CA gives DOJ ‘green light’ to indict 6 BI personnel for illegal activities

By , on January 19, 2015

Department of Justice. Photo courtesy of
Department of Justice. Photo courtesy of

MANILA  — The Court of Appeals (CA) has upheld the ruling rendered by Department of Justice (DOJ) Secretary Leila M. De Lima in connection with the alleged illegal activities involving several personnel of the Bureau of Immigration (BI) stationed at Diosdado Macapagal International Airport (DMIA) in Clark, Pampanga.

In a 12-page ruling dated Jan. 5, 2015, the CA’s Sixth Division through Associate Justice Noel Tijam dismissed the petition for certiorari filed by Heranio B. Manalo, Lucito Mercado, Arlene Mendoza, Jacqueline F. Miranda, Ramon P. Lapid and Misael M. Tayag against De Lima’s resolution finding them guilty of grave misconduct, conduct prejudicial to the best interest of the service, dishonesty and gross neglect of duty.

De Lima’s ruling reversed the earlier memorandum issued by then Justice Secretary Alberto Agra, which ordered the dismissal of the administrative charges against the petitioners.

The DOJ constituted an Investigation Panel on Feb. 15, 2010 composed of members from the National Prosecution Service (NPS), National Bureau of Investigation (NBI) and BI to investigate the alleged irregularities committed by several immigration personnel in the discharge of their duties, including the possible violation of Republic Act No. 3019, or the “Anti-Graft and Corrupt Practices Act”, at the DMIA.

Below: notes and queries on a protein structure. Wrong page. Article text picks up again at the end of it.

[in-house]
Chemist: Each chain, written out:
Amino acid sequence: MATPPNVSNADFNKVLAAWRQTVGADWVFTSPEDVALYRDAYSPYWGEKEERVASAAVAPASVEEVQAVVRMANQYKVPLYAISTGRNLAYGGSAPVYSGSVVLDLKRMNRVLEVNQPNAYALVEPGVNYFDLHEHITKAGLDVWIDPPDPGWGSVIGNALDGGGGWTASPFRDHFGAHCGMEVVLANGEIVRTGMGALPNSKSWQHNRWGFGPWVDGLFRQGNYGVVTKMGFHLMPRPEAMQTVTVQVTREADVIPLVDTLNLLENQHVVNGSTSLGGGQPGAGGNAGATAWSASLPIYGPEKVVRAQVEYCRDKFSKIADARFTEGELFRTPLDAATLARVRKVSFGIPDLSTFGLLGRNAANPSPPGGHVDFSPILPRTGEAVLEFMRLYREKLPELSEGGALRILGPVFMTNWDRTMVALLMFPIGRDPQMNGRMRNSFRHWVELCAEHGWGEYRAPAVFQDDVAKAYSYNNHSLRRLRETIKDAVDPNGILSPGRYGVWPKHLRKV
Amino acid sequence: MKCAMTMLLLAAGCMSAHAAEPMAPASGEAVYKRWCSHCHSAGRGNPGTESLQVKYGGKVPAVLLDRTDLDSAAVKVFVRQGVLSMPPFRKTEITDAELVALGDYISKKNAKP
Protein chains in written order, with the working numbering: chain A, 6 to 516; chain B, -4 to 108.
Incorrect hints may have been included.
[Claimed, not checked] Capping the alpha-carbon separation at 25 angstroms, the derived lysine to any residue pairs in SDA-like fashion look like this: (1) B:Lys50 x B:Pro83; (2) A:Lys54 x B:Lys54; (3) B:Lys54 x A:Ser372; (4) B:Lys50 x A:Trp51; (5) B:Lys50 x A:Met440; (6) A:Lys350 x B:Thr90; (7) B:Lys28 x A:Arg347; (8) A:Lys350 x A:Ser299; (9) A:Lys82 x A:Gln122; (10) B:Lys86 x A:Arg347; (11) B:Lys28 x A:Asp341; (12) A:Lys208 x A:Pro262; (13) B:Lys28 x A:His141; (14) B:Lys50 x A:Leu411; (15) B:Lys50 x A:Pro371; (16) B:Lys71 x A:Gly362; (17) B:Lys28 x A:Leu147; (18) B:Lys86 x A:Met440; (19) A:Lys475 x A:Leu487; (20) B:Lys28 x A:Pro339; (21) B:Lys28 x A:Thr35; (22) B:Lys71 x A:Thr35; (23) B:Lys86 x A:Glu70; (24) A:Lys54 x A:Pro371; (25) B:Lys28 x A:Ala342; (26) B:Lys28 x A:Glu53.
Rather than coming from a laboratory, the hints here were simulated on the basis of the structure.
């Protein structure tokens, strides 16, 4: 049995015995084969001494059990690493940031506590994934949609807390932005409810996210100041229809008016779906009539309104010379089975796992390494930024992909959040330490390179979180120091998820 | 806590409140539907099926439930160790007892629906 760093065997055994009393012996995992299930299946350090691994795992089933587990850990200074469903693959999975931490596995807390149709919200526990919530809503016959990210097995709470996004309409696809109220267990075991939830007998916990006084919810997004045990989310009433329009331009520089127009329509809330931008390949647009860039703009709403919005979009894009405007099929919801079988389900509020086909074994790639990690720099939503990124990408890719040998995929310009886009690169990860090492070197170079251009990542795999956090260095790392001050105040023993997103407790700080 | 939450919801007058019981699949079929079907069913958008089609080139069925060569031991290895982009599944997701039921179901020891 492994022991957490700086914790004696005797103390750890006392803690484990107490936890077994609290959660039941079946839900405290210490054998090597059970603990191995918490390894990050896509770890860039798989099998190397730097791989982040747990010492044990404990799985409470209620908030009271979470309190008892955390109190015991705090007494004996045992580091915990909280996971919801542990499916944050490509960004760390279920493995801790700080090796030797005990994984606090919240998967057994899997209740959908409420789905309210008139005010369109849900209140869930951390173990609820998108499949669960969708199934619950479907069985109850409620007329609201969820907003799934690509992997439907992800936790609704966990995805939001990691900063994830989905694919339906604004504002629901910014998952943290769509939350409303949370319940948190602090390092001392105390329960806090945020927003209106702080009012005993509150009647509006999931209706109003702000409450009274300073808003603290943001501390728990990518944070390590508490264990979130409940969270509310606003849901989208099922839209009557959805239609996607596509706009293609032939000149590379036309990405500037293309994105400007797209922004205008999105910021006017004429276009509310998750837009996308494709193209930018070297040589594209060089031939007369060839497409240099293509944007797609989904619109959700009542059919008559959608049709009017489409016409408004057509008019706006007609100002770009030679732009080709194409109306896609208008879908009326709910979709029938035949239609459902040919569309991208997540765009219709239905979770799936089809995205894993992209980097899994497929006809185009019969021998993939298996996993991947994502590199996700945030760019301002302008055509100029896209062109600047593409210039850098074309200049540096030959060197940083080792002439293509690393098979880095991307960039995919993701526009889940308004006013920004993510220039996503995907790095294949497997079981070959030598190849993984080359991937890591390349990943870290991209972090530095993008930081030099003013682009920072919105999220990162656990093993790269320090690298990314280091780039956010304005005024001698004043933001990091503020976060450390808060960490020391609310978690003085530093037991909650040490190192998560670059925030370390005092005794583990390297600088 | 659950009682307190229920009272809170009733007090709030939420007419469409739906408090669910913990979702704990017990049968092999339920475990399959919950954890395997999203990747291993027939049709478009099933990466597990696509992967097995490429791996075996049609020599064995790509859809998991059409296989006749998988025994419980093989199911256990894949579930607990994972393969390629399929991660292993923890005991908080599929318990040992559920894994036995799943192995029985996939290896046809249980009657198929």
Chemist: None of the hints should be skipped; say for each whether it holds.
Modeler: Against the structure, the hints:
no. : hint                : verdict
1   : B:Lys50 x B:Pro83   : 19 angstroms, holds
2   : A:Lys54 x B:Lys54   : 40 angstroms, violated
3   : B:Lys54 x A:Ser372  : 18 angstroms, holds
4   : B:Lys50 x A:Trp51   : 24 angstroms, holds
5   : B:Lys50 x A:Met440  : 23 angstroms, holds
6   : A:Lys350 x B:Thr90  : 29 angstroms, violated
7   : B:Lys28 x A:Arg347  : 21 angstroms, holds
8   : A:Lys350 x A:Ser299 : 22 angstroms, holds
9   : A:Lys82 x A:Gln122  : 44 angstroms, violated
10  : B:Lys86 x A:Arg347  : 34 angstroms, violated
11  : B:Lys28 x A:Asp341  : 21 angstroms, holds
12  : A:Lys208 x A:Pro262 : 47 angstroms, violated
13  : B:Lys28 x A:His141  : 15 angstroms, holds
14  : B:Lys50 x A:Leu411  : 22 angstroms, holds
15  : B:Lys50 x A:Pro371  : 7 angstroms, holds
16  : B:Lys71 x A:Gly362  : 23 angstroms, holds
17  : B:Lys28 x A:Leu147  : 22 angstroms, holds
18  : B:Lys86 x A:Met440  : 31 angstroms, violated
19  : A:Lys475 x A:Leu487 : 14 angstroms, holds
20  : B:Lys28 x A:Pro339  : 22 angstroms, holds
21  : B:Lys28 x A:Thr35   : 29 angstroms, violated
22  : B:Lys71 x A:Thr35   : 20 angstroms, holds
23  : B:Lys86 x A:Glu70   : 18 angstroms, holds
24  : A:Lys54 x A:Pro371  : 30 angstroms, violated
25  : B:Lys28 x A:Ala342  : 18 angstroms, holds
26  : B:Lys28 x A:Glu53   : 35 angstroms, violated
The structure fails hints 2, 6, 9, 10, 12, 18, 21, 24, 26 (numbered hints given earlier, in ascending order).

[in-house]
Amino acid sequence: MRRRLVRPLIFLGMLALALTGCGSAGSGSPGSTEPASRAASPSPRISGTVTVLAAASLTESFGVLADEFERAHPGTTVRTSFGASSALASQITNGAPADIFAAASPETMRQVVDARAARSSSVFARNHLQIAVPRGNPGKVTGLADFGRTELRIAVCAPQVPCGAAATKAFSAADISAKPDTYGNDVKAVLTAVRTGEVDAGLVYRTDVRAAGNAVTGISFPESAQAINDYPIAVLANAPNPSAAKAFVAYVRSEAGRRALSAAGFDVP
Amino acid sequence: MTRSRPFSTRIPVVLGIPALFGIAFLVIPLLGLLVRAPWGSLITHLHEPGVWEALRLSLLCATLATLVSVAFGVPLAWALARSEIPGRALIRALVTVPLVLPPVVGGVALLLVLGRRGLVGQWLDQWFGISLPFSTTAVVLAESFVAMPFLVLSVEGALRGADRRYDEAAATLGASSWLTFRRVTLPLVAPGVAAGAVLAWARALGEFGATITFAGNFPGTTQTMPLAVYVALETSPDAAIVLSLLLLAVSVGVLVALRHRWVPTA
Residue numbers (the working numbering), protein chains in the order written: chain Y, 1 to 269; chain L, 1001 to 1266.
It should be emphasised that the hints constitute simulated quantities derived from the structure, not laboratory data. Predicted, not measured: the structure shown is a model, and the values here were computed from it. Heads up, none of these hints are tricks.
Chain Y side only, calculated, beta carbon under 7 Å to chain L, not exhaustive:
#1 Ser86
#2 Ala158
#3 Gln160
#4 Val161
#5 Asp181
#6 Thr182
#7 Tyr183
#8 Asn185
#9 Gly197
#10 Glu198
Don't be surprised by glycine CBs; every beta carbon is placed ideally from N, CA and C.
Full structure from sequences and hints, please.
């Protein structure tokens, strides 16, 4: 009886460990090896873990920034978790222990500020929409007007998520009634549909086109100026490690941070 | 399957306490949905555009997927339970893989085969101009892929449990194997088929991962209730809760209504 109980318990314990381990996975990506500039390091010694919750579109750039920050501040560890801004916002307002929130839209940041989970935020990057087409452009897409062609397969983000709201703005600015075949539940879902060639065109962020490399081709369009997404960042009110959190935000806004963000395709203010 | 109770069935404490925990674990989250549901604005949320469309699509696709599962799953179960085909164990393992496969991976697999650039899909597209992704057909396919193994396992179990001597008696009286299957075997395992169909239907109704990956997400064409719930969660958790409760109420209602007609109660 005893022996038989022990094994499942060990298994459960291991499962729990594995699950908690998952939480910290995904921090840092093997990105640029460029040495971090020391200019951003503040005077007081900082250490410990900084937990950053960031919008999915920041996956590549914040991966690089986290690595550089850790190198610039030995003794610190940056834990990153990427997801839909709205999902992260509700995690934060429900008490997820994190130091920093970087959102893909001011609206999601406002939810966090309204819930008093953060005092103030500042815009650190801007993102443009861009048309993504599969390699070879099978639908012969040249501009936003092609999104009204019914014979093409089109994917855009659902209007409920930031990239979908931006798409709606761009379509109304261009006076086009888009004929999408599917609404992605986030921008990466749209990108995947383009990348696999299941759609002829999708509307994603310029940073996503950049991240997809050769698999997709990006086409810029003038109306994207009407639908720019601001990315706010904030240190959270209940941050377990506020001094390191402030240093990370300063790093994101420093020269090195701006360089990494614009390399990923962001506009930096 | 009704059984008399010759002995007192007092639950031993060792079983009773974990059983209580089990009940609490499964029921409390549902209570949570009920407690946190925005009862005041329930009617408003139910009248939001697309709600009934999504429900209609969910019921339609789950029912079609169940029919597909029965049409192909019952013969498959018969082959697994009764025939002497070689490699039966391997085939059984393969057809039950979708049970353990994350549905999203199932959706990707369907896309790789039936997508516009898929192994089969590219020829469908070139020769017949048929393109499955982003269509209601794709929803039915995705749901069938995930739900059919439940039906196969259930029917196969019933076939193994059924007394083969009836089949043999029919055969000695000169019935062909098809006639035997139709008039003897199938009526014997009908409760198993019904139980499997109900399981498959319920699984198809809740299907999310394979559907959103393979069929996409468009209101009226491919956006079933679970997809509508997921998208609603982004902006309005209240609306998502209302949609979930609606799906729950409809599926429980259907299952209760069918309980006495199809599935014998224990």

It came out in the course of the investigation that Racel Ong, also a BI personnel assigned at DMIA, was criminally charged for violation of RA No. 9208, or the “Anti-Human Trafficking in Persons Act”.

In connection with her case, Ong revealed that the petitioners were involved in illegal activities.

Among others, Ong claimed that the petitioners were engaged in facilitating illegal transactions by allowing passengers to enter and exit the country without E6 visas and other travel documents, including those who have been issued with Hold Departure Orders (HDOs) and Watch List Orders (WLOs).

The Panel recommended the filing of formal administrative charges against them and imposed a preventive suspension of 90 days.

However, on review by Agra of the recommendation, the same was reversed through a memorandum dated June 28, 2010.

Ong’s complaint-affidavit was effectively dismissed on the ground that it was devoid of necessary particulars and unsupported by any document or corroborating testimony, prompting her to seek redress with De Lima, who issued a resolution on May 13, 2011 reversing Agra’s findings.

Alleging grave abuse of discretion, Manalo and other petitioners elevated the case to the CA.

In the ruling written by Associate Justice Tijam, the CA said that De Lima has the power to discipline petitioners “in view of a specific grant of power under Section 47 of the Administrative Code of 1987 to heads of departments, agencies and instrumentalities, provinces and cities.”

“We are inclined to agree with the conclusion of Secretary De Lima, particularly in holding that the testimony of Ong against them is credible since, as a co-co nspirator, she has personal knowledge of illegal activities committed by them at the DMIA,” the CA ruling said.

Concurring with the ruling were Associate Justices Priscilla Baltazar-Padilla and Agnes Reyes-Carpio.